The left side of the cockpit was altered to mimic the head-up display, center joystick arrangement and primitive glass panel layout of the Shuttle. The right side instructor/safety pilot seat had the head-up display but conventional controls. Each Shuttle pilot and commander made about 1,000 practice approaches in the Gulfstream and the "flight" characteristics of the Shuttle were mimicked with some pretty extreme mods and flight profiles. The Gulfstream dove for the ground from 37,000 feet at 300 knots and a 20-degree pitch angle with the main gear down, the thrust reversers on and the modified flaps possibly deflected upwards to become large spoilers. The pilot would start the flare at about 300 feet, dropping the nose gear at 150 feet in case of an inadvertent touchdown and the approach continued until the cockpit was at 32 feet above the runway, the same height it would be in the Shuttle. If all the speeds, position and elevation matched the correct profile, the future shuttle pilot would be rewarded with a green light on the panel before the instructor stowed the reversers and gear and did a go-around.

The Endeavor Awards will launch for the first time in May, with a black-tie event held at the California Science Center in Los Angeles, to honor and support those who provide free aviation services to meet humanitarian needs. Angel Flight West has organized the gala and they plan to make it an annual fundraising event. The dinner and ceremonies will take place at the Endeavour space shuttle exhibit. Mark Wolper, a film-industry executive and chair of the host committee, is planning an audio-visual production for the event, showcasing aviation throughout the history of film, and spotlighting the heroes of public benefit aviation.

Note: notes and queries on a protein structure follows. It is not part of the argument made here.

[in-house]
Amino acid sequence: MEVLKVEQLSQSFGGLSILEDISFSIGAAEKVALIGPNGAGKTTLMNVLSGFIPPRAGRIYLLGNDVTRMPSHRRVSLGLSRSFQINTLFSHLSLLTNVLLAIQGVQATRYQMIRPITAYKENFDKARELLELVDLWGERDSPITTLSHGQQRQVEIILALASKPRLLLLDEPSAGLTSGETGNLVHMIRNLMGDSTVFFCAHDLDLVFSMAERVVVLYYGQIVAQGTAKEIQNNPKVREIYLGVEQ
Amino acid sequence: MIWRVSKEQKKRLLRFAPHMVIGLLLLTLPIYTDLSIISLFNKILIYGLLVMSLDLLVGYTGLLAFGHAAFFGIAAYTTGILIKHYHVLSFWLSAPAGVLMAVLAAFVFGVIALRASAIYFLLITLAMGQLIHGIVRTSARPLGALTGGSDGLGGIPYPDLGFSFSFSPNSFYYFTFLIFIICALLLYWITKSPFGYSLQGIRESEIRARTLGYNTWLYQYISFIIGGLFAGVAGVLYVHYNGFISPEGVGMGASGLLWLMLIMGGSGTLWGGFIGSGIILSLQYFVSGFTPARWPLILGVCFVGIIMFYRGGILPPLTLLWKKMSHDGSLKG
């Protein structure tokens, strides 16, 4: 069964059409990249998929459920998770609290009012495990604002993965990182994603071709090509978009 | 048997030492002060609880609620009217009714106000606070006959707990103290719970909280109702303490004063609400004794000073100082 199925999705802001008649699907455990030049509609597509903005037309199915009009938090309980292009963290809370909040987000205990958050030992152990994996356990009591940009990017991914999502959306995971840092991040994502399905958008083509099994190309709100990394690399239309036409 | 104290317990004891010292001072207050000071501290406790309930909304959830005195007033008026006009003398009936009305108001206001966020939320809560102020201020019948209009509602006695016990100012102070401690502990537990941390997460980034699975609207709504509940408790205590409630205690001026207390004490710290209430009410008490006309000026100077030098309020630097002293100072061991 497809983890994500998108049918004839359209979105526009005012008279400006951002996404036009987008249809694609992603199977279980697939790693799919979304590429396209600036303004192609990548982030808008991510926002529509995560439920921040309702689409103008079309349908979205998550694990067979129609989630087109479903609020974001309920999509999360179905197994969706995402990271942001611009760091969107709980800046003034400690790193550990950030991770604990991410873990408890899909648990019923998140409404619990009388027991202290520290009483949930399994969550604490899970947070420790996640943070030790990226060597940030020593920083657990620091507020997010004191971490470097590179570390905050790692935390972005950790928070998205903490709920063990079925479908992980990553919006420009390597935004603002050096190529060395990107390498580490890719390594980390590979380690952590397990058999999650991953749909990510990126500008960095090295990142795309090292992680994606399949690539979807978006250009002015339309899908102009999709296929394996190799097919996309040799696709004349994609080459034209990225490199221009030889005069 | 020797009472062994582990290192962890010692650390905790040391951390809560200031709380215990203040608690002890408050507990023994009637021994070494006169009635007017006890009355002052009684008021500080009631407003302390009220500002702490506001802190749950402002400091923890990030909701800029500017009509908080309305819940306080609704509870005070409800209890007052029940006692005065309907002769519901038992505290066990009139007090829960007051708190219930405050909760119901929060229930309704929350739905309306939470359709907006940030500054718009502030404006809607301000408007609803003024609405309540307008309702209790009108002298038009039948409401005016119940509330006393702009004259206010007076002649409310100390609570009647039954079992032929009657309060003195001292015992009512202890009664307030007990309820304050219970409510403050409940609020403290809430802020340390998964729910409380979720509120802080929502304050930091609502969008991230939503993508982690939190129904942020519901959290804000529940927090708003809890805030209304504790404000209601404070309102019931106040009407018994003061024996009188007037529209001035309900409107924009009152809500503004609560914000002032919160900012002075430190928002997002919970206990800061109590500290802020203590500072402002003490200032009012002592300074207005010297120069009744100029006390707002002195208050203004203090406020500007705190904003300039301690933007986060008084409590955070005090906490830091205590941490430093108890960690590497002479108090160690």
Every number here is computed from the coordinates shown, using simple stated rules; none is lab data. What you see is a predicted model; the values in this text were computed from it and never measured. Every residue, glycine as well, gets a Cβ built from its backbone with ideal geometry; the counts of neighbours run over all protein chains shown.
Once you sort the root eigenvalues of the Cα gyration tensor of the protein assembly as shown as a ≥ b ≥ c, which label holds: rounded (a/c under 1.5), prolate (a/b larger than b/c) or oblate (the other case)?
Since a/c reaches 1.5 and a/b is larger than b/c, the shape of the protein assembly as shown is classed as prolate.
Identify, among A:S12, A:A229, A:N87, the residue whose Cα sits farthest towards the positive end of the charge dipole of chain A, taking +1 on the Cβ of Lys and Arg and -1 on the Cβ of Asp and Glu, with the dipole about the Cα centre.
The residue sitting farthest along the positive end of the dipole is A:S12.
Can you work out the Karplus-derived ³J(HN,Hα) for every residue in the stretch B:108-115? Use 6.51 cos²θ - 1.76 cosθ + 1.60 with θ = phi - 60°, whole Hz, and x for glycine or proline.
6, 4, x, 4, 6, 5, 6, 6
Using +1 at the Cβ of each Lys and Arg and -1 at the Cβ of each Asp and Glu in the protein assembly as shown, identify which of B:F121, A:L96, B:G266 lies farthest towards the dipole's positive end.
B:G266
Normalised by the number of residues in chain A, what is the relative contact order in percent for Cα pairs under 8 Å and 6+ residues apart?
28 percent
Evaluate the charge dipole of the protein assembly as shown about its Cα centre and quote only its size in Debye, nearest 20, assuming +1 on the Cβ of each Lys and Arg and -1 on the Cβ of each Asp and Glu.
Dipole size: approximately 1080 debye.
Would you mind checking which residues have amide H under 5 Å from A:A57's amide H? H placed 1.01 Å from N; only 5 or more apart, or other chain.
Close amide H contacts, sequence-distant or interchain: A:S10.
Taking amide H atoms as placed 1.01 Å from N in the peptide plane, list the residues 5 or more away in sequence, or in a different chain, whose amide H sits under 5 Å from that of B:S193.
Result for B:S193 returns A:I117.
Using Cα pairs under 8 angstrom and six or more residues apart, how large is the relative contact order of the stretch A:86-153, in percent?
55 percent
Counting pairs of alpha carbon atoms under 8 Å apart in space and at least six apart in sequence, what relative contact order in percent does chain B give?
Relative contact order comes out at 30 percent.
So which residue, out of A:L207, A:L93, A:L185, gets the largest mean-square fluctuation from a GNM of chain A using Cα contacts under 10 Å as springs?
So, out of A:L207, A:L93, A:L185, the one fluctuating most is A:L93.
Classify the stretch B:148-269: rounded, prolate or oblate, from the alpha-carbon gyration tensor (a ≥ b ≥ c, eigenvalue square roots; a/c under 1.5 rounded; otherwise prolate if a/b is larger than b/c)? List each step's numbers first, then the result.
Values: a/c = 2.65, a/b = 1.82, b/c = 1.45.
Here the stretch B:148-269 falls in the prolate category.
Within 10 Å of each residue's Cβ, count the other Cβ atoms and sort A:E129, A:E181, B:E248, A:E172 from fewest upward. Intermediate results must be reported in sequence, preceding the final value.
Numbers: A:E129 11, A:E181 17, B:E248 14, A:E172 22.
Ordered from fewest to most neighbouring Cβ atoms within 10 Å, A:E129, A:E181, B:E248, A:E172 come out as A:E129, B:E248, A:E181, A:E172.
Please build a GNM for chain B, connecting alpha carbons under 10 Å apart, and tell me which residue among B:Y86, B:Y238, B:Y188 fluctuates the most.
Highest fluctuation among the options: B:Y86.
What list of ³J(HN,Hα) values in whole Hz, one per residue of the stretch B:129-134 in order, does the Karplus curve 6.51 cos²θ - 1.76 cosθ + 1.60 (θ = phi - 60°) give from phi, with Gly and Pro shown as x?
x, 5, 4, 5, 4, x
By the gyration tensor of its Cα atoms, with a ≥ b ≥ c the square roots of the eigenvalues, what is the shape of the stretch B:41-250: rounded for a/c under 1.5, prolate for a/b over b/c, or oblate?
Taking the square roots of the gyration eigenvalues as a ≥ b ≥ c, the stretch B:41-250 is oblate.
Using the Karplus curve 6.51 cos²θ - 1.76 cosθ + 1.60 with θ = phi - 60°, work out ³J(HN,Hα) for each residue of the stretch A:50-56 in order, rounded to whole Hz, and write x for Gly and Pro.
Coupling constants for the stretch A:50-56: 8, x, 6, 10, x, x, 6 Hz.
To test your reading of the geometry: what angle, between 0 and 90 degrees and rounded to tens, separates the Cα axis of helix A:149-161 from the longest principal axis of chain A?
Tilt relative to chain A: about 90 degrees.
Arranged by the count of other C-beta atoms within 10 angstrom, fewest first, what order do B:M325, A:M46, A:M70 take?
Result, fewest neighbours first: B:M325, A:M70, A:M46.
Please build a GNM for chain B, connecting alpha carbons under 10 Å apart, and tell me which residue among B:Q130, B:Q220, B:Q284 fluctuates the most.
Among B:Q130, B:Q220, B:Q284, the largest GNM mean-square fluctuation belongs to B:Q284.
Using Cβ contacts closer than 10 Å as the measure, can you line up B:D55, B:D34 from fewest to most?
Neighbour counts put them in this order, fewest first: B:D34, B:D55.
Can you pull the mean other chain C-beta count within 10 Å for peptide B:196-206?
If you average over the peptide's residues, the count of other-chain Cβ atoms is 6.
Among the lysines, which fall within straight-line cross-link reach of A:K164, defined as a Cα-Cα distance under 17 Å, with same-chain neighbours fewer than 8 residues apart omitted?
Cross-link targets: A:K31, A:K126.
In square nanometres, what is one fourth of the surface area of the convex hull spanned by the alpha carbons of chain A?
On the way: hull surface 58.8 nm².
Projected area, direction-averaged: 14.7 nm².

Others involved in the planning and support for the event include pilots Clay Lacy, Chuck Aaron, Bob Hoover, and Sean D. Tucker, X-Prize chairman Peter Diamandis, film director Robert Zemeckis, former EAA president Tom Poberezny, and Alan Dias, executive director of Angel Flight West. Several astronauts also will be on hand to talk about their experience on the space shuttle and the International Space Station. Tickets are on sale now for the May 4 event at $1,000 each.

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As if pilots didn't have enough hazards to think about -- bird strikes, other airplanes and random laser pointers, to name a few -- now some pilots have complained that a sprawling new solar-energy plant in California, near the Nevada border, is blindingly bright. "From the pilot's seat of my aircraft the brightness was like looking into the sun," one pilot wrote in a report filed with the Aviation Safety Reporting System. Another complaint, filed by an air traffic controller, describes the site as "nearly blinding" and "extremely bright and distracting." The site uses mirrors spread over five square miles of desert to focus sunlight on water towers that then produce steam to generate power.

The complaints were filed last August, but the energy company was just notified about them recently. The energy developer is required under its operating permit to address such complaints, according to the local Press-Enterprise news. Chad Davies, an FBO operator at the Riverside (Calif.) Municipal Airport, told the Press-Enterprise he experienced the glare on an early afternoon last summer. "At the right angle, you will get the intensity, which is similar to looking at a car headlight at night," he said. "If you were to look away you'd still have that shape in your vision."

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At least week’s Aircraft Electronics Association show, famed aerobatic pilot Sean D. Tucker was the keynote speaker. The connection? He’s head of the EAA’s Young Eagles program and a perfect choice for recruiting pilots. He’s enthusiastic, animated and knowledgeable. I’m not sure AEA was the right audience for the pitch, but it was interesting to see what he brought.

Frankly, I was drifting a couple of dots left of course when my 10-second mental playback recorder said “lost the propeller.” Did I really hear that? Up, on the giant screen, popped a video, shot point-of-view so you had a good view of the front seat passenger in his Pitts S-2 and glimpses of Tucker in the rear. As far as I can tell, this video isn’t posted online anywhere, although I’m sure others have seen it in his presentations. It’s also not a recent event, but that didn’t make it any less riveting.